“In search of the virtual class: education in an information society” published in 1995 by John Tiffin and Lalita Rajasingham begins with a description of a girl climbing into her sensor suit and shooting off to a virtual waterfall for a geography lesson. Digital Immersion was the future. The description of the learning envisaged a different kind of learner.
As the learner changes to take a significantly more determinant role in their own learning process, in a world in which Choice is the defining quality of the consumer and therefore the product, the model of our universities must look like the model of our students.
Universities must accept that the very nature of the University will change as societal expectations of their function ( most evident in student expectations ) changes. Which Universities will be brave enough to shape the learning spaces of the future?
Last month I wrote a short piece about the way the SOLE model might be used to reconceptualise the physical and virtual spaces in which learning will occur in the 21st Century. There are other models, my suggestion is simply that you need the model first, that a conceptual model of learning provides a useful mechanism to debate and design the spaces we intend for our learning. If we do not then we, Universities, will end up describing a ‘what’ we offer the student but not the ‘why’, and as we surely all recognise by now consumers don’t buy what you make, they buy why you make it. “Give me an educational rationale for why my lecture theatre looks like this, why my VLE looks like this!”
What does that mean in practice? In 2009 I was fortunate enough to be invited to deliver the closing keynote at the Estonian e-Universities conference in Tartu, Estonia. I asked delegates to do a little foresight thinking with me, a little futurology. Not something particularly ‘big’ in the UK or New Zealand (where I worked a the time). In my scenario I described Trin, a girl born in 2009 in Estonia, and asked the audience to future-think with me what her educational life would be.
I had several points I wanted to share, that the academic qualifications she would study in 18 years time most likely did not exist today, that her career choices were likely to be more complex and ‘portfolio’ driven than today, based on evidential skills not qualifications and so on. In amongst this discussion was the suggestion that the very future of the educational spaces she encountered would change. My suggestion was that Trin would go to a school in 2020s, when it suited her parents who blended home-schooling with community-schooling to fit with their family scenario. That the school itself was built into the fabric of the community, in buildings shared with other community services, post-office, library, social centre for the elderly. The extension of this sees Universities being porous knowledge mediators not guardians of the book-tower. Universities that used to shape our epistemological universe will do so again, but as our universe changes and expands, so must our universities.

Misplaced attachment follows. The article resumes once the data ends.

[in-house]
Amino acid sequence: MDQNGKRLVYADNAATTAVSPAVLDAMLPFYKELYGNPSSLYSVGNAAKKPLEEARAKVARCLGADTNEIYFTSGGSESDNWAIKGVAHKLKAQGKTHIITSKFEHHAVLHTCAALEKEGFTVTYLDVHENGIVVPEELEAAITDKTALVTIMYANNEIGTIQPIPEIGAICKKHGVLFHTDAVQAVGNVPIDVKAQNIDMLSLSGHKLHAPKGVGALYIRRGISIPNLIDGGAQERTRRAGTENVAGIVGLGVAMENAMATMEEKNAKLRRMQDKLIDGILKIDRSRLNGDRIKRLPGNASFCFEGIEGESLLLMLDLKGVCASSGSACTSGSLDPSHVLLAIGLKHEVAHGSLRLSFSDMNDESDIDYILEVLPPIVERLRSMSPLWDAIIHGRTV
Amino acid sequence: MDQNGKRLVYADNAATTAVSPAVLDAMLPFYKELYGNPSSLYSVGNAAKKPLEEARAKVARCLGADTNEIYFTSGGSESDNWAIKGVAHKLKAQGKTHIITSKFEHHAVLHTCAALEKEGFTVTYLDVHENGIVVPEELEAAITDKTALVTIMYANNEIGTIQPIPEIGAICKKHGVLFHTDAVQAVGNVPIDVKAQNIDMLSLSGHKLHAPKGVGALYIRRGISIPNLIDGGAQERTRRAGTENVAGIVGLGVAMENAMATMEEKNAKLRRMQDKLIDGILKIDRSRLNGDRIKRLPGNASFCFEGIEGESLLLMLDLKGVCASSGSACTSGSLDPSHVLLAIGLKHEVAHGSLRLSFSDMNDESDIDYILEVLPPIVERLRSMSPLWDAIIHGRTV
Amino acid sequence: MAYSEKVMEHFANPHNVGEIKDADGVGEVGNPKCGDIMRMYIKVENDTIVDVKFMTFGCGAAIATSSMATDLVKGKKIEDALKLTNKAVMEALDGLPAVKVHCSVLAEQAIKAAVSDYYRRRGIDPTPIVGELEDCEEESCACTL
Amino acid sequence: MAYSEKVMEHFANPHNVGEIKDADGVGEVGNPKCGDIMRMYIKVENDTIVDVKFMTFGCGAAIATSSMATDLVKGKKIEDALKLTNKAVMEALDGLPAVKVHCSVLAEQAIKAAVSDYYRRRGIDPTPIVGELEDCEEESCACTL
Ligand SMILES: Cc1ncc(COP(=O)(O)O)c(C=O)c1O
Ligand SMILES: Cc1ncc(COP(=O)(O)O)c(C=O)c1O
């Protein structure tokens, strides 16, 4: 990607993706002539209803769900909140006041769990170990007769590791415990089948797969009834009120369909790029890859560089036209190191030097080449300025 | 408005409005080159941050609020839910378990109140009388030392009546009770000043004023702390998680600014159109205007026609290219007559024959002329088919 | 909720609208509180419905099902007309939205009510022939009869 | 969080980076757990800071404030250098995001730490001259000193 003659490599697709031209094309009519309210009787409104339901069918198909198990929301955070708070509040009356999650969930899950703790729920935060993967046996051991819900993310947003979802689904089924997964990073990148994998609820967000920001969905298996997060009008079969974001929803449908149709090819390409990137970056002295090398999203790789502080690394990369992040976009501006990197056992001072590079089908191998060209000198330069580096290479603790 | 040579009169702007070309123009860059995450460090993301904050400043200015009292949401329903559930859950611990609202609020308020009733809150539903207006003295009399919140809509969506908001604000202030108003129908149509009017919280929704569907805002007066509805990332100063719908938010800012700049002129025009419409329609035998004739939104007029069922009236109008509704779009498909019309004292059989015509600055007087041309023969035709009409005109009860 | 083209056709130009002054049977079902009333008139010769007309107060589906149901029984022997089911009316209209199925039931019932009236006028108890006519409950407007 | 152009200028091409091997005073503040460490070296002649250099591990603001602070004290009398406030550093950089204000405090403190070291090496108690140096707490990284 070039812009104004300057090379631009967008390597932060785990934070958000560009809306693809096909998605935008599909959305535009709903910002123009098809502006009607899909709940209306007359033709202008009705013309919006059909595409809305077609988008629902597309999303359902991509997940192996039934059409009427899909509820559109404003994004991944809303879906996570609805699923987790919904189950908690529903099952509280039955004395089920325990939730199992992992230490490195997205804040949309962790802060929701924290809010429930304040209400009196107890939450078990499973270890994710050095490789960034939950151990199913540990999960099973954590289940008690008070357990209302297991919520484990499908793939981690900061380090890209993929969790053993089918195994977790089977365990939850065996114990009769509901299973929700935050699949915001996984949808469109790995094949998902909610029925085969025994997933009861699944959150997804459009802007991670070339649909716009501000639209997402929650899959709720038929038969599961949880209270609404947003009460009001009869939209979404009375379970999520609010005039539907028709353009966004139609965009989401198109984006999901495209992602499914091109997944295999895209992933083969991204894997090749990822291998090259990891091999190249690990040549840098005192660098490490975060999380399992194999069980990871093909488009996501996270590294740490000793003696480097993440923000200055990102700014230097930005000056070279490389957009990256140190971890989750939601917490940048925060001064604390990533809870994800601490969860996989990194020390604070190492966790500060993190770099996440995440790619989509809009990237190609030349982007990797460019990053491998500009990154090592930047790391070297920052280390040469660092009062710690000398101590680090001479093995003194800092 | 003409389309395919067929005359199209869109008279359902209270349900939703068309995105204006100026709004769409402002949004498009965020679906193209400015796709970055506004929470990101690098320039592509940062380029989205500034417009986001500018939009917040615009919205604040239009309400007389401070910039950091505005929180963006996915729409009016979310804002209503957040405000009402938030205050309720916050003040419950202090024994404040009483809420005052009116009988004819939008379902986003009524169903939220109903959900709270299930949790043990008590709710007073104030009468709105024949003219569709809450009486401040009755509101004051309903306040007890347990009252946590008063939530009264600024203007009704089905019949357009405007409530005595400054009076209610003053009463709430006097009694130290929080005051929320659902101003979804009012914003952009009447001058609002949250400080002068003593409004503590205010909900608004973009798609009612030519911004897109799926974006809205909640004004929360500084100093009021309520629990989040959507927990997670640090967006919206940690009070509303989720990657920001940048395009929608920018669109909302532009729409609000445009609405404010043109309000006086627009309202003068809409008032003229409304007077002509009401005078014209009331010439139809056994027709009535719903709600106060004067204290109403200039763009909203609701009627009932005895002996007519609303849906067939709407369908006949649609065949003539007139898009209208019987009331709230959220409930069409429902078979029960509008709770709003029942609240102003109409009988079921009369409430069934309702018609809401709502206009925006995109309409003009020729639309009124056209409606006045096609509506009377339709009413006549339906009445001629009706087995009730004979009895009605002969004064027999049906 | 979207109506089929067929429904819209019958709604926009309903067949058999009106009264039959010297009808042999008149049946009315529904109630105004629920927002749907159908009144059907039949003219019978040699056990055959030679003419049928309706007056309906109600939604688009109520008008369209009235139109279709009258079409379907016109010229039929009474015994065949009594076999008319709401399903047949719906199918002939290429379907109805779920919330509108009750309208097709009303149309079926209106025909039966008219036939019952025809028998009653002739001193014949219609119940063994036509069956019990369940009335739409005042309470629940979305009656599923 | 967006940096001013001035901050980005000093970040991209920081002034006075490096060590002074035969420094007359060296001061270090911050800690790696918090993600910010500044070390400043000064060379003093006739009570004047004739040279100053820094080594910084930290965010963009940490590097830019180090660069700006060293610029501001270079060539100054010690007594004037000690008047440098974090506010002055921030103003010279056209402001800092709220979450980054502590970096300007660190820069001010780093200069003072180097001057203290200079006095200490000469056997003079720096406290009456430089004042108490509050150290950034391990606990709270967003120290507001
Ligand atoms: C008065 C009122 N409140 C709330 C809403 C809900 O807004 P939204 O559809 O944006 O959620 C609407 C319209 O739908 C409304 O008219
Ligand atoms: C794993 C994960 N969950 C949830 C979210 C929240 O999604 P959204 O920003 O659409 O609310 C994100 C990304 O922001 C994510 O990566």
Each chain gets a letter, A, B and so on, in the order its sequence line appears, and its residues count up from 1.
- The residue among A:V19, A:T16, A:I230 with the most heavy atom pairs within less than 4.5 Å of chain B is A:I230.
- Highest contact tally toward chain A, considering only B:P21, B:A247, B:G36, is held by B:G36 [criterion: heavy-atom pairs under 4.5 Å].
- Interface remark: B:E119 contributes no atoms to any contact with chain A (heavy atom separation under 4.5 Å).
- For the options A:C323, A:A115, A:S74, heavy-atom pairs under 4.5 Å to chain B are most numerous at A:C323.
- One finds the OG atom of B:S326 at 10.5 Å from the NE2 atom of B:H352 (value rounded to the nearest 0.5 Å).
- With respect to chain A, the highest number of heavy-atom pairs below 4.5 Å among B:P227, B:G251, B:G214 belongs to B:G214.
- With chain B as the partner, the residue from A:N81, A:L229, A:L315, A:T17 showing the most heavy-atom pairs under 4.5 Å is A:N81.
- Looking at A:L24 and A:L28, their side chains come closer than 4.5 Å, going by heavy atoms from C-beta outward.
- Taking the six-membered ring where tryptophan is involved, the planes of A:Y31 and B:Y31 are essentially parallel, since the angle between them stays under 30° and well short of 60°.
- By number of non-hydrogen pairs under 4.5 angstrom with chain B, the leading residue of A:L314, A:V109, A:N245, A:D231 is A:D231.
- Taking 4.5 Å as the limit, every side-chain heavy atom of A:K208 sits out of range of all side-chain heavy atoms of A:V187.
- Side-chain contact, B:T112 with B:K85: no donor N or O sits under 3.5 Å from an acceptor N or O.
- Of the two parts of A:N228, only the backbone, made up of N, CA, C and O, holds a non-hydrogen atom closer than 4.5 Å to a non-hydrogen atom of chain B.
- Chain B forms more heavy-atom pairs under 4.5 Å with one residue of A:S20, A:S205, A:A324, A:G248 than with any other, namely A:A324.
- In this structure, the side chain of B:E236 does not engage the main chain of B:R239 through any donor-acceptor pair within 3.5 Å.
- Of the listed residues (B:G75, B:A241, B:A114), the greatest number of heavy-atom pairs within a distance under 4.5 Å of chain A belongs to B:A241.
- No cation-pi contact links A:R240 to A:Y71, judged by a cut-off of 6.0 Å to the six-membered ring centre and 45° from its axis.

In the two years since 2009 I can see things already diverging from my future-think, but some things I’d suggest are still relevant and the SOLE model provides one way of interpreting and predicating this change. As we accord learners a more central role in the learning process, should we not be exploring spaces through the SOLE model, or something like it? Should we not be asking what spaces we need to engineer for students to help them fulfil the holistic experience the SOLE model represents?
The universities that will shape the learning spaces of the future are those that are able to conceptualise, visualise, the world in which this future learner lives. The campus has had it’s day.